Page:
Last week, Snapchat updated its Terms of Services and Privacy Policy for the first time in nearly a year.

Today, the company has clarified those new terms because it’s quite possible that the new legalese slipped past your radar, as it came along with a fancy new filter update that included the ability to fast-forward, rewind, and slow-mo your videos. Who’s reading fine print when you can make snaps like this?

I'd sign away my DNA rights to Snapchat to use the Rewind filter.

The current terms say the app may share your information with third party providers, sellers, and partners, and are automatically granted “unrestricted, worldwide, and perpetual right and license to use your name, likeness, and voice, in any and all media and distribution channels (now known or later developed) in connection with any Live Story or other crowd-sourced content you create, upload, post, send, or appear in.” That kind of corporate access scared many users, which prompted Snapchat’s clarification.

Per a post on app’s official Tumblr, “the Snaps and Chats you send your friends remain as private today as they were before the update.” The post continues, the seemingly invasive new terms are in place specifically because of the app’s Live Stories feature. Snapchat needs to be able to review snaps that are broadcast globally to ensure they’re safe for all users to view. In addition, Replays introduced in-app purchase, so updates had to be made to reflect the ability to spend actual money on Snapchat.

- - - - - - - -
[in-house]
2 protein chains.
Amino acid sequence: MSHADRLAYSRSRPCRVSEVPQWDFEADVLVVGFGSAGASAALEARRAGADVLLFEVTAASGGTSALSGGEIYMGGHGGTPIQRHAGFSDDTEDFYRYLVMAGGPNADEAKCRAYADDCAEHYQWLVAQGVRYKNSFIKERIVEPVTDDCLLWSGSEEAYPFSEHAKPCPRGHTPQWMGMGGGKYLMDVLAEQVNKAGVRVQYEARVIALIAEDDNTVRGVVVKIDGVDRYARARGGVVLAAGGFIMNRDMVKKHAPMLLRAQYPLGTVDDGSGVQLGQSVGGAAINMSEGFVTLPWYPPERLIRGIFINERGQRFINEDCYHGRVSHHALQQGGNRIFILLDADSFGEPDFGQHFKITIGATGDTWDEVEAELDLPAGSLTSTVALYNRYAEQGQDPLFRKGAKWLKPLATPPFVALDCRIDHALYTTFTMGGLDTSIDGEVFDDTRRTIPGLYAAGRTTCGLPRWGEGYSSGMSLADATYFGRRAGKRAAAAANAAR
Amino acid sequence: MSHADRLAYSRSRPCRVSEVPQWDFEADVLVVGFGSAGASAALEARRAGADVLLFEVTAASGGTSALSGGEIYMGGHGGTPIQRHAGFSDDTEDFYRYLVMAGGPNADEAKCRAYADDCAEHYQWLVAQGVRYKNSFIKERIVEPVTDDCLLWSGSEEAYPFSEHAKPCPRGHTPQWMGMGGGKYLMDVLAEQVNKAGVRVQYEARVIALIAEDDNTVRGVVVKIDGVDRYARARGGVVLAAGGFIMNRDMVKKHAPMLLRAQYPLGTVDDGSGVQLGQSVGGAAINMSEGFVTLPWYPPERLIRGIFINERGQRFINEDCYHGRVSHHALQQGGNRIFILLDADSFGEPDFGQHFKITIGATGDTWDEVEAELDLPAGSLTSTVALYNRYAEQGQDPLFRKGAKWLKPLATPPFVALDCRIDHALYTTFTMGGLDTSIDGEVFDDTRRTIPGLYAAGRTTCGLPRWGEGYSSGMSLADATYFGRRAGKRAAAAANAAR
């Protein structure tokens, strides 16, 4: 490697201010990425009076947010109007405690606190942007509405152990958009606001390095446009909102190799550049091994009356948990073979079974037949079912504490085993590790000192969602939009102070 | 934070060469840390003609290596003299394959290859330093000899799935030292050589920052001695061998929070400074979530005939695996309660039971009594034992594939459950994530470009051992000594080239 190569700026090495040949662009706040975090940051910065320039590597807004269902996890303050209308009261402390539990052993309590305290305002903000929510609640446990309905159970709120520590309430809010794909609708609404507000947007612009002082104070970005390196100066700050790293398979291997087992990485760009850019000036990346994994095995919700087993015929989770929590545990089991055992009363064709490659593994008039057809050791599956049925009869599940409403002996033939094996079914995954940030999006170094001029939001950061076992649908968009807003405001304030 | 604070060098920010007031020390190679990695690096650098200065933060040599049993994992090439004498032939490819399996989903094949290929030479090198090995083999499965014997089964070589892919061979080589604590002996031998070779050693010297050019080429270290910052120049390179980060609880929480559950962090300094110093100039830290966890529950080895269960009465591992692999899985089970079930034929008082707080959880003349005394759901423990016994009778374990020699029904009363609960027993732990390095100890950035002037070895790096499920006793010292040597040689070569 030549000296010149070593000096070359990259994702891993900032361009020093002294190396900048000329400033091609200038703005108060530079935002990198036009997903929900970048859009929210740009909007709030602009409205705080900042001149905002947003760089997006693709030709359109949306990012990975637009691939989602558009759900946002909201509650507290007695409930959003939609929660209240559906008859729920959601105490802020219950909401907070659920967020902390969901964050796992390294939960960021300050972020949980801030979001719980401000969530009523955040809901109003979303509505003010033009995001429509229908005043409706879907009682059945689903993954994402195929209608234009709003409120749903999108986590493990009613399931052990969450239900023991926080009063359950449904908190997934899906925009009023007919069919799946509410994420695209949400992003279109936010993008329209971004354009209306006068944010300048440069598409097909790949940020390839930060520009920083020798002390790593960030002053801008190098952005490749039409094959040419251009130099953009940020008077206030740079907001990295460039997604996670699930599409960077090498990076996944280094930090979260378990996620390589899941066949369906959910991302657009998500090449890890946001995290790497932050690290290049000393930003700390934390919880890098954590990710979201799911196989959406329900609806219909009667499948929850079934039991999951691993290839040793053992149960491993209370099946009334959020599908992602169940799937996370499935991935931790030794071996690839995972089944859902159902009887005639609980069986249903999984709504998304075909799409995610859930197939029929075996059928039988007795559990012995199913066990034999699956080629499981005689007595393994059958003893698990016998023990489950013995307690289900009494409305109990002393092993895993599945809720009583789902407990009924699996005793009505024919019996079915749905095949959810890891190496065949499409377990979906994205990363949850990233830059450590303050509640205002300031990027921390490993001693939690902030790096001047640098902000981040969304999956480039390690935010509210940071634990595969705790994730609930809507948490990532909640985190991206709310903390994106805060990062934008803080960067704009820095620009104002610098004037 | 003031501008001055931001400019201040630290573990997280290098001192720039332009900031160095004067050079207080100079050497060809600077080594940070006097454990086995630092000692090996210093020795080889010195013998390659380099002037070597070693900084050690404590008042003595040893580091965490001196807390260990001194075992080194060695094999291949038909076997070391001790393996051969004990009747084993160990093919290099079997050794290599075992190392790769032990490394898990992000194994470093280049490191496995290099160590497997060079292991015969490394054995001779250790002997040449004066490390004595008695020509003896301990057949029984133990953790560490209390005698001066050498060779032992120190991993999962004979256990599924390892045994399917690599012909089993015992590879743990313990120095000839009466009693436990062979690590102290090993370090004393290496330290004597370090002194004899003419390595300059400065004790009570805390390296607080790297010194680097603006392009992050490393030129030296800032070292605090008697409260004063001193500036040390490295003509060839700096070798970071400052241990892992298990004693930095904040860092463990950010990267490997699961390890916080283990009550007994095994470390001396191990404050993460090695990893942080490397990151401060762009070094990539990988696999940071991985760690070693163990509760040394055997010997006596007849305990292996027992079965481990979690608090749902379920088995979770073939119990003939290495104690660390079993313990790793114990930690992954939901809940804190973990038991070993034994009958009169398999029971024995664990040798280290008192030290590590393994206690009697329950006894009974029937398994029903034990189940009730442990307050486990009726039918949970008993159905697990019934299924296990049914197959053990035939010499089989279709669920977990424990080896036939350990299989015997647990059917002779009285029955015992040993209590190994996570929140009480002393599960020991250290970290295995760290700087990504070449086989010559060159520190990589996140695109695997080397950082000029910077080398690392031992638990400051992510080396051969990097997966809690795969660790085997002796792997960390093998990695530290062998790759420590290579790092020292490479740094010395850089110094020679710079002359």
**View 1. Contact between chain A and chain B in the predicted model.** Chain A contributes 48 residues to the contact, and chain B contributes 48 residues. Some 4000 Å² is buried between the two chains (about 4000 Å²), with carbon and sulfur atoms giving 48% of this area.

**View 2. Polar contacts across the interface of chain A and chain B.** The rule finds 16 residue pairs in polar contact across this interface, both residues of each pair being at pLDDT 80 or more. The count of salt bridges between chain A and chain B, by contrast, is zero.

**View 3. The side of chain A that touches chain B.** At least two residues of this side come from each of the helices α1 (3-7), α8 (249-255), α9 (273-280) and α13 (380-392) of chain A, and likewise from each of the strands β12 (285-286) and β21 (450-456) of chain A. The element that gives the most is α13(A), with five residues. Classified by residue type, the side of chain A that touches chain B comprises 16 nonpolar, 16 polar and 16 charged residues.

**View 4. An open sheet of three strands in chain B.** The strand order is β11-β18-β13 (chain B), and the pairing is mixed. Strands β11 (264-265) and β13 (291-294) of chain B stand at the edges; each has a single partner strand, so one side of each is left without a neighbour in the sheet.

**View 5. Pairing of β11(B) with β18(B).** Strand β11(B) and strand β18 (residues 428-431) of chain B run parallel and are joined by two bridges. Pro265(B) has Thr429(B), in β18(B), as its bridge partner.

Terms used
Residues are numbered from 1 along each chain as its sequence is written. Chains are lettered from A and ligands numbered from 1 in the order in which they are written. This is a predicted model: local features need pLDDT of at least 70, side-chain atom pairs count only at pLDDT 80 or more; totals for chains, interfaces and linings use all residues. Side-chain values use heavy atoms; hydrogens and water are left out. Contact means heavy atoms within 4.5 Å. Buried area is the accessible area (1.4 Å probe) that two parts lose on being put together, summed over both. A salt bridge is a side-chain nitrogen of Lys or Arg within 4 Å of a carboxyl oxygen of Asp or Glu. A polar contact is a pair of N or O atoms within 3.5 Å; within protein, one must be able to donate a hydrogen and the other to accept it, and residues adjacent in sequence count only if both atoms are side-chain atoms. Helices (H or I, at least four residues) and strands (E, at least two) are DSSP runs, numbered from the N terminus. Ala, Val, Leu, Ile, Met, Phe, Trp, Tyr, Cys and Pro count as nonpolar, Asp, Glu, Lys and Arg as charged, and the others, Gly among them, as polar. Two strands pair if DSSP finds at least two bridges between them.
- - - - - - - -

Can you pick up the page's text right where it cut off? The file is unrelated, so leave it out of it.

Snapchat has also said the new terms are meant “to make it a little easier for friends to find you on Snapchat,” so it has “clarified what info — like your name — will be visible to other Snapchatters and how you can modify that info.” Plus they wanted the terms to “read the way people actually talk.” And because the company is friendly: “We always try to be upfront and clear with our community.”

With such heartwarming language, it’s hard to avoid suspicion. Why would Snapchat have to be so smiley about all of this, if there really were nothing to worry about? Well, the company is probably just trying to maintain its #brand, so the cause for concern is probably situated somewhere between panic and ignore. Always be careful about what you snap, but the new updates shouldn’t change your experience too greatly.

Photos via Matthew Strauss, Ryan Nagelmann/Flickr